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Will David Cameron help Britain’s entrepreneurs?

Read Murray Wells’ call for action, published exclusively on

Imagine Gordon Brown lumbering up the staircase of BBC2’s Dragons’ Den. He would then have to tell his potential investors that he needs to raise funding because his business intends to increase costs in the next three years while running at an ever-increasing annual loss. He would get a worse response than the chap who invented a sheet to keep married couples apart in bed.  

Dragon’s Den has actually been a superb showcase for Britain’s rich entrepreneurial spirit. There is certainly no shortage of entrepreneurs in this country. Rather than venturing into the Den myself, I fought for funding through other more traditional avenues and Glasses Direct became one of thousands of new businesses that are successfully established each year.

But the economic mess we are in, and the response from this government to it, will not benefit entrepreneurs. Brown has adopted a scorched-earth policy to the national finances. The tax rises he says he needs to fund the stimulus and fend off rising unemployment will, in fact, do the opposite. The Taxpayers Alliance recently assessed that money would effectively be taxed at 92 per cent before an entrepreneur had any opportunity to invest it. Entrepreneurs are job creators and, while all investments contain some element of risk, a fiscal environment that supports entrepreneurial activity must be good for the whole UK economy. While Brown has been increasing the public sector workforce at the expense of private-sector jobs, Mandelson has been renewing an old Labour habit of trying to “pick winners” and using taxpayers money for that purpose. The historical record of that policy is hideous.

I eagerly await Cameron’s pitch to the Dragons of the electorate. It will have to be full of ideas to help business and encourage enterprise. I was pleased to hear about Peter Luff’s private members’ bill, which would bring in a Small Business Rate Relief Scheme. This would give automatic rate relief to small businesses, replacing the current system where businesses have to apply for it. It’s a simple and excellent idea. We need more of them.

I have no doubt that David Cameron would be significantly more polished in the Den than the Number Ten incumbent, but his pitch needs to convince the electorate that we are about to put into power a masterful, long-term strategist rather than just another short-term electioneer. Winning elections is only a means to an end; without clear, long-term aims, it is no service to the country, nor historically will the result be seen as successful.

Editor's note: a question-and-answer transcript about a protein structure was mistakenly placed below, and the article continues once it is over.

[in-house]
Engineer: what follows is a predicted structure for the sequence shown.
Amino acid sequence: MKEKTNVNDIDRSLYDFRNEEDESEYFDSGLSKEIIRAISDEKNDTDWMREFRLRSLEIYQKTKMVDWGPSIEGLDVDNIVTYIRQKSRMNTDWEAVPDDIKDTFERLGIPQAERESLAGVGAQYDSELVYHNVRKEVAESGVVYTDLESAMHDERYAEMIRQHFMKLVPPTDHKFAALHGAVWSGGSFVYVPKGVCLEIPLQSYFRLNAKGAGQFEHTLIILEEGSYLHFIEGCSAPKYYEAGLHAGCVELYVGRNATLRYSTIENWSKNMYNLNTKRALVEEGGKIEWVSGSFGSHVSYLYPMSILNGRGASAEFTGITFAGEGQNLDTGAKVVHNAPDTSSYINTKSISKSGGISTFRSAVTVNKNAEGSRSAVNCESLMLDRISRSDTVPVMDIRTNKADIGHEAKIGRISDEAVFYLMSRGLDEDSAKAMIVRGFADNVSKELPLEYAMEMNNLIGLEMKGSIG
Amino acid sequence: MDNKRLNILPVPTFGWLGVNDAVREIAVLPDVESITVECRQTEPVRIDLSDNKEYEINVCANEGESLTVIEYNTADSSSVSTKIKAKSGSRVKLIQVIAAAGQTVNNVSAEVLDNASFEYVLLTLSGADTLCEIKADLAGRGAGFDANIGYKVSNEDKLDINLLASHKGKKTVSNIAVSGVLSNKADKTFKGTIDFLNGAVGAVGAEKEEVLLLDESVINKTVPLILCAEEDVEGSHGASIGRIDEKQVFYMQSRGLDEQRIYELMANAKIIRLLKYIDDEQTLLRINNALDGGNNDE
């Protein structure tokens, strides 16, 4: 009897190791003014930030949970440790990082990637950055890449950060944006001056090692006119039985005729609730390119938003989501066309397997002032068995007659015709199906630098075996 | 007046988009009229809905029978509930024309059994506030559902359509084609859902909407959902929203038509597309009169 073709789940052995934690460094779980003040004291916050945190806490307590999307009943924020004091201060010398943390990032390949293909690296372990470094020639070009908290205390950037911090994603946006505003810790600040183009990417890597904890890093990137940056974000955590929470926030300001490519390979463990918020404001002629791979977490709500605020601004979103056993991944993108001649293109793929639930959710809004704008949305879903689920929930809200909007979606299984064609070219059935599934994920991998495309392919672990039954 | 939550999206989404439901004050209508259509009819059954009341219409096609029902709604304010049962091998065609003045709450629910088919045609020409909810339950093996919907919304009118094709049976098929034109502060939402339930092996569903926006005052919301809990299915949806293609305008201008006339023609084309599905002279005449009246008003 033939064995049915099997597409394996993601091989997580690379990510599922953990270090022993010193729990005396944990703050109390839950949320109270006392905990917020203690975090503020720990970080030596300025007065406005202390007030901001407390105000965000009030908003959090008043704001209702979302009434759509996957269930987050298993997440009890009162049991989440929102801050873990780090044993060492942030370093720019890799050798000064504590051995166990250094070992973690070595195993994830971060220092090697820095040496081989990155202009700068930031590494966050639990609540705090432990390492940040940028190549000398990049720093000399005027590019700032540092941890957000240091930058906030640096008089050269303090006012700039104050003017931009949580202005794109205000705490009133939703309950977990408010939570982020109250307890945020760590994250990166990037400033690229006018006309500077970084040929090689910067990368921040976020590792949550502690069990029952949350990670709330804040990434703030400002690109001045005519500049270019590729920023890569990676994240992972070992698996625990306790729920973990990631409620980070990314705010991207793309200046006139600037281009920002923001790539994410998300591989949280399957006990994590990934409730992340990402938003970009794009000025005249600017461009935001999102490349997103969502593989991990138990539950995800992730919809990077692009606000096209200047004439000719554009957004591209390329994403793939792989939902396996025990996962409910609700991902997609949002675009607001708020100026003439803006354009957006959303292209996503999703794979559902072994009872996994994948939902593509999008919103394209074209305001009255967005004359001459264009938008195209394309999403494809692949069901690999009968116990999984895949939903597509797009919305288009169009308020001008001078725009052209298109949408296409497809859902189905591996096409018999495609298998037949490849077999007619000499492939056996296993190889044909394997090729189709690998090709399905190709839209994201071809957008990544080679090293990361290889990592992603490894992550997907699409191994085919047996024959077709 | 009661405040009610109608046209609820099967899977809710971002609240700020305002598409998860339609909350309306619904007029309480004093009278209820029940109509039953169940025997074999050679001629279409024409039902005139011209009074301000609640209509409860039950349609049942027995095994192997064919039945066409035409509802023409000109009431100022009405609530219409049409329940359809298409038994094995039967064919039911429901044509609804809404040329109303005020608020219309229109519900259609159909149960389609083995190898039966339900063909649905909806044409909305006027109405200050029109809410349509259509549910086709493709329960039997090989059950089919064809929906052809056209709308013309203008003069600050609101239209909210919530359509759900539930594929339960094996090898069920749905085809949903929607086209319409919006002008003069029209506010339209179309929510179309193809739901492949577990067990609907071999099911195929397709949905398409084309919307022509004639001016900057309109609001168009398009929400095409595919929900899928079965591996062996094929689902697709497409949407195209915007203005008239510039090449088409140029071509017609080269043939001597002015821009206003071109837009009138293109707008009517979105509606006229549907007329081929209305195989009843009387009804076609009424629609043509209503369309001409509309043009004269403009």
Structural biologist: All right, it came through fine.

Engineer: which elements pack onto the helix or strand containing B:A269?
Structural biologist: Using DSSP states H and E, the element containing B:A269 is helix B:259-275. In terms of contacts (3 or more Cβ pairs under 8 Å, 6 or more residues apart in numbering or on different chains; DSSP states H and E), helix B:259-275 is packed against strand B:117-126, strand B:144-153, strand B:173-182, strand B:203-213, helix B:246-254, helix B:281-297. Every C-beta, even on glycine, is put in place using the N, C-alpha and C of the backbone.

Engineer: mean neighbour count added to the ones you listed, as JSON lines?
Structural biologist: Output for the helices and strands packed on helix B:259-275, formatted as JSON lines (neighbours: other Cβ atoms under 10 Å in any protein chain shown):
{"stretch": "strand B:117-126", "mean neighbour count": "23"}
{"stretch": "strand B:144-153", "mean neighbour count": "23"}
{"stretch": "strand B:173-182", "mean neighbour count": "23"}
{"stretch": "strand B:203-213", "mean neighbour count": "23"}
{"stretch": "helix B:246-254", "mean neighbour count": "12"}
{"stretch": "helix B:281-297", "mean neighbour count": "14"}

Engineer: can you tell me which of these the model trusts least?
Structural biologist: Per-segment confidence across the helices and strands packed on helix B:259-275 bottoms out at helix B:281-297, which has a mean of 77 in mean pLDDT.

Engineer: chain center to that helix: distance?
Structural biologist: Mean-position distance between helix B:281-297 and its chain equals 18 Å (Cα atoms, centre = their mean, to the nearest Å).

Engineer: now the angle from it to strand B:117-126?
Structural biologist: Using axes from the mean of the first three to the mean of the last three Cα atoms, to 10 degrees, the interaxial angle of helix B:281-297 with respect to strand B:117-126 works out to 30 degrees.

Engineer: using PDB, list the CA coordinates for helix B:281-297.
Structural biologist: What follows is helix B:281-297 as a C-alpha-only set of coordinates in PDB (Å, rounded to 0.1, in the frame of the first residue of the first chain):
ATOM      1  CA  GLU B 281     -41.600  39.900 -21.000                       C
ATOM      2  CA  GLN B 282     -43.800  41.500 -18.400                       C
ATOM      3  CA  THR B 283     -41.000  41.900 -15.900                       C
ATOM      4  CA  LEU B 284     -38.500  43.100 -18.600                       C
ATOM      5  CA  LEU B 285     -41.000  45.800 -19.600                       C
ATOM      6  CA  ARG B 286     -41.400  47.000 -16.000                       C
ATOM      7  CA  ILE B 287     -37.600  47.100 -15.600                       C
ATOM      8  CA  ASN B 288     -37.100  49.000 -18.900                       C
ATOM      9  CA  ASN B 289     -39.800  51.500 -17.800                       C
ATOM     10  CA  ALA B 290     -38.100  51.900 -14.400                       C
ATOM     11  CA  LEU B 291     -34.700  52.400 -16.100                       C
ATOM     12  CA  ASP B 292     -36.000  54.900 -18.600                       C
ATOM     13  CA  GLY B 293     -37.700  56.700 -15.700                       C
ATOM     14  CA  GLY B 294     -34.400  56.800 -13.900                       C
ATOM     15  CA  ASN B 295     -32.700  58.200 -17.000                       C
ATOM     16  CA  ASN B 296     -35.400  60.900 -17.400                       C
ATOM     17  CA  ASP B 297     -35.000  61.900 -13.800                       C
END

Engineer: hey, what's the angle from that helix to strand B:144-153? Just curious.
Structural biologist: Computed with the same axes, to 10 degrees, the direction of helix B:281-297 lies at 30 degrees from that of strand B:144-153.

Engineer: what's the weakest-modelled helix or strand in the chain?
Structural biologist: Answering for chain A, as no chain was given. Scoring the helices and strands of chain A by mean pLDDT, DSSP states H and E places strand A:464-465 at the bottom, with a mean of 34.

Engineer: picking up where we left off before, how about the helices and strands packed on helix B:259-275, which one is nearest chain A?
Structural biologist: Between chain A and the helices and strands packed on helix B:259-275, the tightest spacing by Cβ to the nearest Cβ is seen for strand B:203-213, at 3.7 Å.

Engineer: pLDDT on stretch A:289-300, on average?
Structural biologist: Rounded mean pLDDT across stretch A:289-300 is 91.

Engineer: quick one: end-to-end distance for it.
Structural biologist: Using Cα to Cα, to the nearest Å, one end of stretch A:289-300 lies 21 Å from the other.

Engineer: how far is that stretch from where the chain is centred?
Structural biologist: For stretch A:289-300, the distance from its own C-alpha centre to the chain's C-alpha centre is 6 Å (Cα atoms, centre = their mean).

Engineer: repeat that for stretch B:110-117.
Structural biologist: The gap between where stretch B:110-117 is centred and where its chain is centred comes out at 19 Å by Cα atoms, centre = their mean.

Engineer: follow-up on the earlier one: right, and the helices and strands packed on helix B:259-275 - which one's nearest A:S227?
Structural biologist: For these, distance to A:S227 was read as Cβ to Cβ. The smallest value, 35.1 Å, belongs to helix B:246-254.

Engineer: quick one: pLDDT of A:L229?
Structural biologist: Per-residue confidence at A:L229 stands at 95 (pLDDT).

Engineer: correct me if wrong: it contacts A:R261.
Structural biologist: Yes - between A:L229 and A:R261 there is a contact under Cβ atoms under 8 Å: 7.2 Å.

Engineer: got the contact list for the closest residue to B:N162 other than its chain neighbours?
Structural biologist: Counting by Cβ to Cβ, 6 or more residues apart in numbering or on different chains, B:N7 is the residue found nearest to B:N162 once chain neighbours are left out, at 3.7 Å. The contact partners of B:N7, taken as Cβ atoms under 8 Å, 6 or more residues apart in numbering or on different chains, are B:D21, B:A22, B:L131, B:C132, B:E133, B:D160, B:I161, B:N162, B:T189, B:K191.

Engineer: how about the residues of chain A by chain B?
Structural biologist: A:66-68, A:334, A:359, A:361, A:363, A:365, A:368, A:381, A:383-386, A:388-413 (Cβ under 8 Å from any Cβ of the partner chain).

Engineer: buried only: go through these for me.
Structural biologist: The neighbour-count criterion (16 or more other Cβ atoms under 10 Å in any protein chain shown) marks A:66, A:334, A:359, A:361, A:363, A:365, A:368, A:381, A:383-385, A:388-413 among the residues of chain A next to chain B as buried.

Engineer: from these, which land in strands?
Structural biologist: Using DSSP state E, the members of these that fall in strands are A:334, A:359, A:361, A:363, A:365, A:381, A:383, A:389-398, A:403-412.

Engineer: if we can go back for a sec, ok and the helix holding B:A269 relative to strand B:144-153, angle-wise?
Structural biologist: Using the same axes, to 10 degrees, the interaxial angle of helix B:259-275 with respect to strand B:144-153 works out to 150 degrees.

In this environment, a Prime Minister needs a firm set of principles and the conviction to stand by them. There aren’t many politicians who believe in the freedom of the individual and who are prepared to put that principle into action by reducing the number of different taxes on the statute book. It may seem counter intuitive to reduce overall taxation when the pot is empty, but remember how Reagan and Thatcher both battled the effects of global financial meltdown, putting their countries on a path to economic success in the eighties by doing exactly that.

This country needs a bold Prime Minister who is happy for interest rates to rise so that saving and frugality come back into fashion. Cameron must be prepared to slash tax rates to motivate entrepreneurs and create jobs. This, in turn, would allow the deficit to be funded so that there’s more money in British Dragons’ pockets for entrepreneurs to draw upon. They need to hear a Cameron strategy that improves the environment for business growth, otherwise the only thing that the Dragons are likely to invest in will be overseas.

Cameron must become a champion of supply-side economics: pitching a government that stands back and allows a thousand flowers to bloom by reducing regulation as well as taxation, balancing the books by controlling expenditure, and in the process paying down debt.

A Conservative government will certainly slash many of the layers of regulation – although inevitably not enough. But the dismantling of Brown’s elaborate tax regime is vital. Entrepreneurs simply cannot flourish in a country where the top rate of tax is 50 per cent.  I know many budding British businessmen who are taking advantage of the globalised world to set up shop elsewhere. Entrepreneurs are looking for a costed and realistic long-term proposal for tax cuts, and we understand that they will not be not be instantaneous. But, in the medium term, tax cuts must be at the core of any pro-entrepreneur government.

Perhaps the main problem that the Tories have is that the spoils of electoral victory are little more than a distressed purchase. The cupboard could hardly be more bare, to the extent that we will probably need to be bailed out by the IMF a couple of years down the road. This will be Gordon Brown and Tony Blair’s, (as Prime Minister and First Lord of the Treasury) legacy to Cameron. As someone who started a business from my bedroom, I know that austerity is a tough challenge but it shouldn’t be a terminal hindrance for a leader with the guts to stick to his long-term vision.

Jamie Murray Wells is founder and executive chairman of online glasses retailer Glasses Direct.

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